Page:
Visualizing how people model

In 2011, we published a paper describing a software platform for recording and analyzing modeling actions on a canvas. We also describe the visualization of modeling actions in a time-series diagram where specific phases in the modeling process (creating elements, arranging existing elements, deleting elements, thinking about the process) can be identified and highlighted as illustrated below.


In the experiments, we could observe significant differences between how different modelers approach the same modeling task – manifesting itself in remarkably distinct modeling phase diagrams.


Jakob Pinggera, Stefan Zugal, Matthias Weidlich, Dirk Fahland, Barbara Weber, Jan Mendling, Hajo A. Reijers: Tracing the Process of Process Modeling with Modeling Phase Diagrams. Business Process Management Workshops (1) 2011: 370-382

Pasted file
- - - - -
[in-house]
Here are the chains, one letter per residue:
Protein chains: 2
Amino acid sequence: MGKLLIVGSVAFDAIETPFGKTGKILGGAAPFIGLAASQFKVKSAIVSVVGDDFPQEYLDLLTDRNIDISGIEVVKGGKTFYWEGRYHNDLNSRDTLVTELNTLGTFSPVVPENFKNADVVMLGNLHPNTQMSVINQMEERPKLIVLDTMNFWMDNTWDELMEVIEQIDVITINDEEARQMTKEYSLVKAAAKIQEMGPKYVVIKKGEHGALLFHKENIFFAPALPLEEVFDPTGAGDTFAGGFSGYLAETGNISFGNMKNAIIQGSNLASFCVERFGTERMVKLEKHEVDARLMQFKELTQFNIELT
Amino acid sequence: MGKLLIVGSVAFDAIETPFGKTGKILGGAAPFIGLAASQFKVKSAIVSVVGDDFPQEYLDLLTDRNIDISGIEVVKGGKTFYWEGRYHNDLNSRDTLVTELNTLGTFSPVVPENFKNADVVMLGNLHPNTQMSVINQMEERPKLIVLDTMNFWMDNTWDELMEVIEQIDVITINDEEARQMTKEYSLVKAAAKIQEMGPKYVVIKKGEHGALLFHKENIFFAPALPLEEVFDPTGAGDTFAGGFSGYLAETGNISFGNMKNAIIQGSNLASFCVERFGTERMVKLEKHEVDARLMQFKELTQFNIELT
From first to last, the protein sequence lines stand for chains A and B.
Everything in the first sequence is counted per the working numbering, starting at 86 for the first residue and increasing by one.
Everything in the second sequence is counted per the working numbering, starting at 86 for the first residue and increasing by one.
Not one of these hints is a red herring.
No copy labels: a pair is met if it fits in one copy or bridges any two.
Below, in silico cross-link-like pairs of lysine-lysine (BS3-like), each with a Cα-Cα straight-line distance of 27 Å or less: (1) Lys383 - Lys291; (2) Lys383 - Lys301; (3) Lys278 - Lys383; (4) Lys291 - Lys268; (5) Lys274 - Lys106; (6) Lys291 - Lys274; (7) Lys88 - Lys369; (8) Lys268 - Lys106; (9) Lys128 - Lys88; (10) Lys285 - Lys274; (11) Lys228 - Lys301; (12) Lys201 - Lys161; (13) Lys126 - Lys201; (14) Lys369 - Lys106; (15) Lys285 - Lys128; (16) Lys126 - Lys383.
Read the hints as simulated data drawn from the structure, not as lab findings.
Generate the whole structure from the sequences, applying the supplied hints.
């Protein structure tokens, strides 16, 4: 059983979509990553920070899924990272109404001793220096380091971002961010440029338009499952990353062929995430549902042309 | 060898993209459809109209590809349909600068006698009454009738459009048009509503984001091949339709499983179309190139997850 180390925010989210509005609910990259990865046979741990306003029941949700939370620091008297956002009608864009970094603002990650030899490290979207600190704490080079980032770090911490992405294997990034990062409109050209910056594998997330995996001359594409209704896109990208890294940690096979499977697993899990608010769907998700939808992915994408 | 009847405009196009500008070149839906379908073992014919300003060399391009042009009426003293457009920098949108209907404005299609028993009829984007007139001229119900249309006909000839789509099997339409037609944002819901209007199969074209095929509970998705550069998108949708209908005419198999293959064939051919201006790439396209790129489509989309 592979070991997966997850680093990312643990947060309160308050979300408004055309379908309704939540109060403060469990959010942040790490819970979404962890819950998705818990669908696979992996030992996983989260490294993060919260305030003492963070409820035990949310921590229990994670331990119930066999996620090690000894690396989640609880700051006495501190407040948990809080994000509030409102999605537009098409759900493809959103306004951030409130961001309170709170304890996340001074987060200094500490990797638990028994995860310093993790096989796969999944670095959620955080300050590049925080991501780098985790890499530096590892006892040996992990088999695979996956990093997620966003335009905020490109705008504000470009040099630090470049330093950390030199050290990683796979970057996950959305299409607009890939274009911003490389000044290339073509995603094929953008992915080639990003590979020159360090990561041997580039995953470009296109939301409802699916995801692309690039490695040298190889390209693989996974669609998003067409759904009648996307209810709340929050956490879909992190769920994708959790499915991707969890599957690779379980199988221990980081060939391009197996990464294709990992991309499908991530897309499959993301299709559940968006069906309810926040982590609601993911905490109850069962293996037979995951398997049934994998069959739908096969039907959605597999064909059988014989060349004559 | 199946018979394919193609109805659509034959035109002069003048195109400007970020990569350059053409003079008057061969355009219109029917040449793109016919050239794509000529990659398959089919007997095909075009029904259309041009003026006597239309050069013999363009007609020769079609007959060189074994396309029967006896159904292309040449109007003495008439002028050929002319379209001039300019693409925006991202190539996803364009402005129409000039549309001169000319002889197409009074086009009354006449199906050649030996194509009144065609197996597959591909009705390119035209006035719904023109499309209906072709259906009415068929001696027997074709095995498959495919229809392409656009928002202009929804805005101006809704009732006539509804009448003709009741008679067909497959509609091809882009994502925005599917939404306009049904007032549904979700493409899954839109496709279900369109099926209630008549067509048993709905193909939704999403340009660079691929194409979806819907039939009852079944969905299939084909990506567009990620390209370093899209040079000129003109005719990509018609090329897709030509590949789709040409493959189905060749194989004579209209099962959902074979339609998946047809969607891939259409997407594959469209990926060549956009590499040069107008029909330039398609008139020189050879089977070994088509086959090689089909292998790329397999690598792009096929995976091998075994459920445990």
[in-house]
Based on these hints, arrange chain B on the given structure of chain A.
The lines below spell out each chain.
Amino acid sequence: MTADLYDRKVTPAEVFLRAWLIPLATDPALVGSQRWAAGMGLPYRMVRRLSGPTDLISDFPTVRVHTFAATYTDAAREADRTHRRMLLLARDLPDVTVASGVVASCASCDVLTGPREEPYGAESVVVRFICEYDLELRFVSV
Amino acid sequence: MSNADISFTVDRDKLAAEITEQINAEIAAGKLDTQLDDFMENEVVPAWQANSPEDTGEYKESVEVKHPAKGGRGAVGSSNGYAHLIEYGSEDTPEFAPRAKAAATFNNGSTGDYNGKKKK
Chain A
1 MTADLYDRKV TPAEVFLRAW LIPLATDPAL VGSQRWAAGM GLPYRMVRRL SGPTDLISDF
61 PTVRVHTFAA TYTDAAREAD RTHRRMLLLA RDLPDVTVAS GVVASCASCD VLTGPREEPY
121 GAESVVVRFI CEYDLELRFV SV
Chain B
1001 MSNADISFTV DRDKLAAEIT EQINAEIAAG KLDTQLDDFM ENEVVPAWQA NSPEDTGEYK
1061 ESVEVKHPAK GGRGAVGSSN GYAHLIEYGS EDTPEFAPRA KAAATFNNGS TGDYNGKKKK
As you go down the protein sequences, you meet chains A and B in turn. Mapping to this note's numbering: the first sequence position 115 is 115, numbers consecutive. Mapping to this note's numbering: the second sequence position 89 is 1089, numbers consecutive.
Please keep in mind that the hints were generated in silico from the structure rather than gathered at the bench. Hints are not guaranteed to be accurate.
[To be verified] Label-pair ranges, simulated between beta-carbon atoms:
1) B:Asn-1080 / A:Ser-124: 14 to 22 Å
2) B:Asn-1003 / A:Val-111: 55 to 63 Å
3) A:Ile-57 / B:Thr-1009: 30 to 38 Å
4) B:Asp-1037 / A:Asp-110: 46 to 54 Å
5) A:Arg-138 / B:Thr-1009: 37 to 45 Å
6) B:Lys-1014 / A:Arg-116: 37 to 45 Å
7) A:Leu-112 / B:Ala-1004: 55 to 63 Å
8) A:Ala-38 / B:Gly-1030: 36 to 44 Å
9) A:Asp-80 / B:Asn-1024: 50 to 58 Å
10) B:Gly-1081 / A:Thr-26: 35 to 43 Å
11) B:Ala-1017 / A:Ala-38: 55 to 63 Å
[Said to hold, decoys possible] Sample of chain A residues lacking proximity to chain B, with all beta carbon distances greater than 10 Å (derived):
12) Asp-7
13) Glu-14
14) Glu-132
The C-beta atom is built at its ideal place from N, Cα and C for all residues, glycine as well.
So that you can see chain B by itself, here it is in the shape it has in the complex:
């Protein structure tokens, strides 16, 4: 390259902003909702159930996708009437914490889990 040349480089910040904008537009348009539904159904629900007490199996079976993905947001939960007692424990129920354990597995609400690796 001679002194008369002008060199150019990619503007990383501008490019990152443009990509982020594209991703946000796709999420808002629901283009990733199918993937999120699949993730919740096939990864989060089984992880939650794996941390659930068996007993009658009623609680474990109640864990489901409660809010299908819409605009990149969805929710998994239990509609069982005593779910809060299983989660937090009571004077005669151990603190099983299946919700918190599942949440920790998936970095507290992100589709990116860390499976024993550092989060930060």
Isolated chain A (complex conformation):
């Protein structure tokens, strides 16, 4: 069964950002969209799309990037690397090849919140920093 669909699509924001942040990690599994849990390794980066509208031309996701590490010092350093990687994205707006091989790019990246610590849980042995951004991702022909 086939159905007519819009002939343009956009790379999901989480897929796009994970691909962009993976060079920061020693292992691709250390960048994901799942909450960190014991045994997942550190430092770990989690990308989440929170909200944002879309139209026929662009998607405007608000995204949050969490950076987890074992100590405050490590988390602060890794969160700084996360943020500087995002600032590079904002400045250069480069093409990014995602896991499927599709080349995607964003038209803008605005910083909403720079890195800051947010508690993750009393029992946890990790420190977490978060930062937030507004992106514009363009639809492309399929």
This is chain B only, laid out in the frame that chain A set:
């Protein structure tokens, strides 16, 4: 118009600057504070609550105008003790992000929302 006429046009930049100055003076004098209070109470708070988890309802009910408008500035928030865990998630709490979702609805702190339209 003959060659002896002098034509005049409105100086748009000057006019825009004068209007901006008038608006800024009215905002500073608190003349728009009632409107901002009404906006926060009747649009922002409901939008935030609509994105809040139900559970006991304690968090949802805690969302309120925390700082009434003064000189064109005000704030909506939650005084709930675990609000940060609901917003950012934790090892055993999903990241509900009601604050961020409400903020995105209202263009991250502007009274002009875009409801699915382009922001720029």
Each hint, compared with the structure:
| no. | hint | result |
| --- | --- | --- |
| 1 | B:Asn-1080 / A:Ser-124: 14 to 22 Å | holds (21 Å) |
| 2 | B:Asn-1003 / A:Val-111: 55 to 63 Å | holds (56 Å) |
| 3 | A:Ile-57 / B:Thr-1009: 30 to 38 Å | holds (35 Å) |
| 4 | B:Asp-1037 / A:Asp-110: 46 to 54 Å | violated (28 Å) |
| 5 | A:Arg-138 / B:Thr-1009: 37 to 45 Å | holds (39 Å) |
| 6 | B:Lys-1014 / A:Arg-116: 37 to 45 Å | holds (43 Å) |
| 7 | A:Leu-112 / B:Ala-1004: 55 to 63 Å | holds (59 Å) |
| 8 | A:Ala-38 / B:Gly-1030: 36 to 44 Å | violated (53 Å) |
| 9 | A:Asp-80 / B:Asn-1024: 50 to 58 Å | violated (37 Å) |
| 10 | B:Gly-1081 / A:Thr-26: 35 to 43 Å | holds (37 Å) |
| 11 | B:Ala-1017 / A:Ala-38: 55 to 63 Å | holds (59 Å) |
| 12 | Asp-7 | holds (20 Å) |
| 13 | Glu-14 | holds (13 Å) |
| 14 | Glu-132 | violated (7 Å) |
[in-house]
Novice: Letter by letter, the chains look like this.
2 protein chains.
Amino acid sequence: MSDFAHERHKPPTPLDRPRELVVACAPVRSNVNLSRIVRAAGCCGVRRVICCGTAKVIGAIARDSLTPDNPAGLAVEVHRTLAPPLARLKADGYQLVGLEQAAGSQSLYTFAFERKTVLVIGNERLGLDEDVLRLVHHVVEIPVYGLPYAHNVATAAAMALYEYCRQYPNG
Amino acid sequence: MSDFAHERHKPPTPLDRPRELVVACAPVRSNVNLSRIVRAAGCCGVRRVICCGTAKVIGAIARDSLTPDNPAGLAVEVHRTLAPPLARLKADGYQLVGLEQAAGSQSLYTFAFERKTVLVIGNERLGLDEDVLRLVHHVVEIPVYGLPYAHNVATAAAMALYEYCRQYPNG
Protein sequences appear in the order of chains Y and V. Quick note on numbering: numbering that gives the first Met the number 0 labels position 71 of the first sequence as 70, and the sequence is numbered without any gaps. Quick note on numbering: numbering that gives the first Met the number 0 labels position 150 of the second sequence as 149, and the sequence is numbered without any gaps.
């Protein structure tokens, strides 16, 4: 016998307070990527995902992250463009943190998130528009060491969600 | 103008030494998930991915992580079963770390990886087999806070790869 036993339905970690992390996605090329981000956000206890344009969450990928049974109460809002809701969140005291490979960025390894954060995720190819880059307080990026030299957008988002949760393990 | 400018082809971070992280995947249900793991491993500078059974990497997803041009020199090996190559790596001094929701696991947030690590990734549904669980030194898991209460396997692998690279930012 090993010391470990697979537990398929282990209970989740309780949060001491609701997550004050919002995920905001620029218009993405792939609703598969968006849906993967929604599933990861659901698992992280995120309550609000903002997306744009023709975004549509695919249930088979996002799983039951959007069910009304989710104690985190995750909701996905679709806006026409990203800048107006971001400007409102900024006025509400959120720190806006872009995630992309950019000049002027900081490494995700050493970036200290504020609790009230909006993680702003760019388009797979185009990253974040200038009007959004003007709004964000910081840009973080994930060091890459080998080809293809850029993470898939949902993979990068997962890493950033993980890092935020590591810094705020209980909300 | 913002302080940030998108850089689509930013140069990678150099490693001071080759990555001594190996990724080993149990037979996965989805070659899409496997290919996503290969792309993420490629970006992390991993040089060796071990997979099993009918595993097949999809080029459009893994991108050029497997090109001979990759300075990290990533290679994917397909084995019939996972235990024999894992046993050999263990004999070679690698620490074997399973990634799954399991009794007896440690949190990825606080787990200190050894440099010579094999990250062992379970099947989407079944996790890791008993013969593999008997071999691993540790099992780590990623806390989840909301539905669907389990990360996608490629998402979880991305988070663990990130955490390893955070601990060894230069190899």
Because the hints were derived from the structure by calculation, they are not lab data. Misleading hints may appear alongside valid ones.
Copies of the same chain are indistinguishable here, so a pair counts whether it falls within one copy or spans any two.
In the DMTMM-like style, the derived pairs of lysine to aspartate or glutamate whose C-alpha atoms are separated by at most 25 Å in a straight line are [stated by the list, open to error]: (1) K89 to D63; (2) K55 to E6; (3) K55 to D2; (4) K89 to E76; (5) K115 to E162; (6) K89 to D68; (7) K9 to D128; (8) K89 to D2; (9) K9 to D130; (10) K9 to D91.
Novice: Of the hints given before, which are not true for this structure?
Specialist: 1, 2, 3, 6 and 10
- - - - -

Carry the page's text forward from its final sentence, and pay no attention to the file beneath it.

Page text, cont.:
Identifying modeling styles

In 2012, we analyzed these differences between how modelers approach a modeling task further. We plotted the number of creation, deletion, and re-arranging actions on the canvas on a time-series. We binned these modeling actions into segments of 10 seconds length; each second has a particular “modeling profile” of creation, deletion, and re-arranging actions. We then clustered users based on their “modeling profiles”, i.e., typical occurrences of create/delete/move actions throughout their modeling, and identified three unique clusters of “modeling profiles”. Below is the “modeling profile” of the cluster showing many creation operations early in the modeling and few delete operations.


Jakob Pinggera, Pnina Soffer, Stefan Zugal, Barbara Weber, Matthias Weidlich, Dirk Fahland, Hajo A. Reijers, Jan Mendling: Modeling Styles in Business Process Modeling. BMMDS/EMMSAD 2012: 151-166